The GDPR went into effect Friday. As predicted, it’s already leading to censorship

Friday, the General Data Protection Regulation ( GDPR ) went into effect in Europe.

Internet censorship is a real concern in a world where regimes in several countries block the internet.

We first mentioned the EU’s General Data Protection Regulation (GDPR) in the context of how the law, along with the controversial Digital Economy Act, impacted access to adult sites in the United Kingdom. Among many other restrictions, and a host of “protections”, the law requires 16 year-olds to get parental consent before accessing social media or other online services.

It has now been reported that several major U.S. newspapers have blocked readers from their own online sites in Europe, after the sweeping new data privacy laws embodies in the GDPR went into effect Friday.

Enforced by regulators across the 28 countries, the GDPR hits businesses with big fines for not following certain guidelines on handling user data: up to 4 percent of their global revenue or 20 million euros, whichever is greater.

The law has lots of problems, some of which are discussed here and here.  Back in 2015 EFF was already shouting “How the New EU Data Protection Regulation will be Misused to Censor Speech“, and noting that the regulation “has omitted sufficient safeguards to protect [a] fundamental right: the right to freedom of expression, “to hold opinions and to receive and impart information… regardless of frontiers”.

The result is a ticking time-bomb that will be bad for online speech, and bad for the future reputation of the GDPR and data protection in general.

The world over, few types of speech are assailed and censored more than sex-related content.

And now people in Europe are reporting they cannot even access websites for newspapers including The Los Angeles Times, New York Daily News and The Chicago Tribune. These and many more media outlets have now started greeting readers with a warning that their content is unavailable in European Union countries.

All thanks to the GDPR.

The GDPR went into effect Friday. As predicted, it's already leading to censorship

As The Wrap reports,

The GDPR aims to make companies more transparent with how data is collected, how its being used, and also forces companies to delete data once its no longer useful. The new regulation applies to every business in Europe, from newspapers to tech companies to banks.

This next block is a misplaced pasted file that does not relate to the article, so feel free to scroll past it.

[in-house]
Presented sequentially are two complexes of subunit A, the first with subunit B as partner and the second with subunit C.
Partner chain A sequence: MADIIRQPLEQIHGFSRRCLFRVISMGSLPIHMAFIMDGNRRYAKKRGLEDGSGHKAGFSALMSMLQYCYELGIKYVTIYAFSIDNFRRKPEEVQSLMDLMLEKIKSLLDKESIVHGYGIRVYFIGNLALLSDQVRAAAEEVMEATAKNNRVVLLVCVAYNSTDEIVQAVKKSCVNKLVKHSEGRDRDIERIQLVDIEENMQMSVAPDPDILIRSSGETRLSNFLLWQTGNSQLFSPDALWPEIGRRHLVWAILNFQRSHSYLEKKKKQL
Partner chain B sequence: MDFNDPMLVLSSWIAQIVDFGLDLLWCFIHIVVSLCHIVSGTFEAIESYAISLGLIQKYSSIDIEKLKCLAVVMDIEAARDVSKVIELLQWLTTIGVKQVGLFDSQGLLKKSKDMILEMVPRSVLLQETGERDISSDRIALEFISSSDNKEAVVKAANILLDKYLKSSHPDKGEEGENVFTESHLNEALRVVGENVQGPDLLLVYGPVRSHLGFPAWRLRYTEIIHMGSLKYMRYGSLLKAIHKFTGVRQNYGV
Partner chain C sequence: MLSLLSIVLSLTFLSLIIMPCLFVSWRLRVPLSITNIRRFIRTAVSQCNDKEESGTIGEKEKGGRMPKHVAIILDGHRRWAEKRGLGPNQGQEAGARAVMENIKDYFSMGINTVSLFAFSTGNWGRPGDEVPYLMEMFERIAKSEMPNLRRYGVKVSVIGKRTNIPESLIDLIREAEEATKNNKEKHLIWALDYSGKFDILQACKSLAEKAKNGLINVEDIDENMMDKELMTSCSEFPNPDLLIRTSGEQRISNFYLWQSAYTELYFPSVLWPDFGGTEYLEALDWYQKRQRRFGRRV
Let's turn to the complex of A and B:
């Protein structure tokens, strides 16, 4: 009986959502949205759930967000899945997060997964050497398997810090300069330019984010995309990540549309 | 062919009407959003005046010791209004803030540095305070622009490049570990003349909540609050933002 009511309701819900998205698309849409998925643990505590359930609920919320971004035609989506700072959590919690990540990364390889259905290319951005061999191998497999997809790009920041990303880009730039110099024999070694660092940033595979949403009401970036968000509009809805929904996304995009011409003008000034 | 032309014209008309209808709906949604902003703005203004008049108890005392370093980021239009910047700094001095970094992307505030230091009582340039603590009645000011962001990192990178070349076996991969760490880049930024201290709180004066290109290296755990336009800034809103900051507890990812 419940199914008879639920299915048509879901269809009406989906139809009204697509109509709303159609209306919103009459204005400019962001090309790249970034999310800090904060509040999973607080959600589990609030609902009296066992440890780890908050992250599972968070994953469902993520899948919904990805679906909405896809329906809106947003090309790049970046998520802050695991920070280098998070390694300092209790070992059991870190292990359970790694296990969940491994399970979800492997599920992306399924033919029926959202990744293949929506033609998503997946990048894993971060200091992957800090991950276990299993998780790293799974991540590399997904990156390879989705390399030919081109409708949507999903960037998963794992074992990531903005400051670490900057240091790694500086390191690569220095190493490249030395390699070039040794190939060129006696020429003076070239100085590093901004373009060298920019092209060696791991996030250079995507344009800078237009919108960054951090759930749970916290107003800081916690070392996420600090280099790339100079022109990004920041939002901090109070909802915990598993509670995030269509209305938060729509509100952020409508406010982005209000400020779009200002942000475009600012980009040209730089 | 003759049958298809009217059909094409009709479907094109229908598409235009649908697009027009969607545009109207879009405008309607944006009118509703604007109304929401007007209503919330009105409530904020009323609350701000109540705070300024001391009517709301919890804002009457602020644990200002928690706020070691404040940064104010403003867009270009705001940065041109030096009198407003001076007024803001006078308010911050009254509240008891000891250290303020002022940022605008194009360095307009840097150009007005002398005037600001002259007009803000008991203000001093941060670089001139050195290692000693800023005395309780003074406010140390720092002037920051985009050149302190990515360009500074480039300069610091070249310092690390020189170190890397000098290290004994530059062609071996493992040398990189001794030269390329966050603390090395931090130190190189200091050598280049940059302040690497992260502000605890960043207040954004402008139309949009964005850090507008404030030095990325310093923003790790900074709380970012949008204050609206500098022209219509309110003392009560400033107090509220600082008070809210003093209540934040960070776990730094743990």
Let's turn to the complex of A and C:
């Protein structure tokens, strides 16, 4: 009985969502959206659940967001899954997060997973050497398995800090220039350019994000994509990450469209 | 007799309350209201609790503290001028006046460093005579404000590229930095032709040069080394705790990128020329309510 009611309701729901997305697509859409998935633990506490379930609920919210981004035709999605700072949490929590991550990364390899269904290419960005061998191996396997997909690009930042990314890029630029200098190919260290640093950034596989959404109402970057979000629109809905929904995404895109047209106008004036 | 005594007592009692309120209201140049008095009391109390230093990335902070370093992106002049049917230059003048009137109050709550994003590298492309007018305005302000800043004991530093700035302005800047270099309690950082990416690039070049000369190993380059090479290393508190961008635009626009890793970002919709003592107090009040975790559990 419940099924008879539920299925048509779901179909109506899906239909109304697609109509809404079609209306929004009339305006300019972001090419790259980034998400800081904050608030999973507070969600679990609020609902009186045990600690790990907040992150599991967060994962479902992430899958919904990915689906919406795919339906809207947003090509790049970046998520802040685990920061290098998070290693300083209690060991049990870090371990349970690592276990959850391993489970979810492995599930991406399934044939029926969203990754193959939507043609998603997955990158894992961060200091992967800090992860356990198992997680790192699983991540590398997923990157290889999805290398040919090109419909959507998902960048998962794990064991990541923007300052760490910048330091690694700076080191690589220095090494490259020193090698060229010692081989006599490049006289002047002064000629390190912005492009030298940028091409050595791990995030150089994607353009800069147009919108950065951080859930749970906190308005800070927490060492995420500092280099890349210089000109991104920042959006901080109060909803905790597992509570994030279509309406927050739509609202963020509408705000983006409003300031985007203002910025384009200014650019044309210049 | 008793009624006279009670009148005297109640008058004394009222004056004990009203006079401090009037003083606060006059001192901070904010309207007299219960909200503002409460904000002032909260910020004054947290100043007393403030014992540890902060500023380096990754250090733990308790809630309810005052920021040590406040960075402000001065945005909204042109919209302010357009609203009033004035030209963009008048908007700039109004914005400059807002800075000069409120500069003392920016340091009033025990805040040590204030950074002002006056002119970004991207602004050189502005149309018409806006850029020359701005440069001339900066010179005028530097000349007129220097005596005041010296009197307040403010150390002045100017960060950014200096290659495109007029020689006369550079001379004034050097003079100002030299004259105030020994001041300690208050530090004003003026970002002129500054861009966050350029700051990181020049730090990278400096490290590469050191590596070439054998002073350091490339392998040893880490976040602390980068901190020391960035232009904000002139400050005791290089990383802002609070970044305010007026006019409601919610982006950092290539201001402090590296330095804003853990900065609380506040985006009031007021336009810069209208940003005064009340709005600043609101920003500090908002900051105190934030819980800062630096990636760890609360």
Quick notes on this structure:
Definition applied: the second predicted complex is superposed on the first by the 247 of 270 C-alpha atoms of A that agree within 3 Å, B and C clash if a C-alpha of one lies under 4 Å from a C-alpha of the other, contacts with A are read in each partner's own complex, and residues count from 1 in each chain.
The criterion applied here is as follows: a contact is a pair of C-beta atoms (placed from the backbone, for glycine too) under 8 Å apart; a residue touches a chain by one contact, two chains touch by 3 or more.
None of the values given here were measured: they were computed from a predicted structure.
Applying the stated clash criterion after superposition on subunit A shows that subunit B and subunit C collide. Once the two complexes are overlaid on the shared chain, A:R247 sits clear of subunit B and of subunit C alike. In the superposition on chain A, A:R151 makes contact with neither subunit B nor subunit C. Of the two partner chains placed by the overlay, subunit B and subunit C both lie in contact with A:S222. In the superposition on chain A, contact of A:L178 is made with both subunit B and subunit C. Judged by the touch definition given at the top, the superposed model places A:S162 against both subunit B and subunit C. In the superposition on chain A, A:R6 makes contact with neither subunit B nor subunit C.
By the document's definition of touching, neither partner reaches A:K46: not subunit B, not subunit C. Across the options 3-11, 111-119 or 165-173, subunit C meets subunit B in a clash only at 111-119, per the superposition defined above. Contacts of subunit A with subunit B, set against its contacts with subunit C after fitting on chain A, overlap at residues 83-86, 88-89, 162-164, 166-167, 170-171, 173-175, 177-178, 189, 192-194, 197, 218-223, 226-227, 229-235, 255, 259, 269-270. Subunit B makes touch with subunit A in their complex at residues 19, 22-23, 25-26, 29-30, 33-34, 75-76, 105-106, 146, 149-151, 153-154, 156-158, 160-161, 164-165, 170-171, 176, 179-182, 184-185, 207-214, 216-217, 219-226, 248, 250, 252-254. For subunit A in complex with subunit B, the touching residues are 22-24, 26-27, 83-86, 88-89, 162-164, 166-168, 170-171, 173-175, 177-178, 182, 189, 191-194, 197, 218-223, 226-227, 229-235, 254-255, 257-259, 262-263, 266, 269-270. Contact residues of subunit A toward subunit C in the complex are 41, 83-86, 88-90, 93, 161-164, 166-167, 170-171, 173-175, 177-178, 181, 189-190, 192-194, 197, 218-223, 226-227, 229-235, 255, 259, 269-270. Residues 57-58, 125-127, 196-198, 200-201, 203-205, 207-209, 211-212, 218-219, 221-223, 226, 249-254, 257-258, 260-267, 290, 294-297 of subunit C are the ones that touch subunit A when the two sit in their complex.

Rather than deal with the potential repercussions, Tronc, the owner of the L.A. Times, and other major media outlets have decided to block its papers in the EU. Lee Enterprises, which owns nearly 50  newspapers in the U.S., has also followed suit.

Eh, why worry . . . these governments are justifying to protect us, right?

259320cookie-checkThe GDPR went into effect Friday. As predicted, it’s already leading to censorship

The GDPR went into effect Friday. As predicted, it’s already leading to censorship

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One Response

  1. The GDPR is a double edged sword. However, the worst thing as far as this site is concerned is the possible loss of Voice for Reason as a contributor (whether we agree on things or not is not a factor here, one of founder Mike South’s purposes for this site was to stimulate debate and Voice does an excellent job in that regard). The way he has spelled some words and the manner in which he speaks is very similar to a British person. The UK is part of the EU and subject to GDPR until at least the middle of 2020. If this site has to cut off access to EU residents to protect the site owners from possible EU legal action that would likely cut him off as well (and also possibly leave him jobless and out whatever salary he draws from the owner of this website) unless he has or is willing to move out of the EU.

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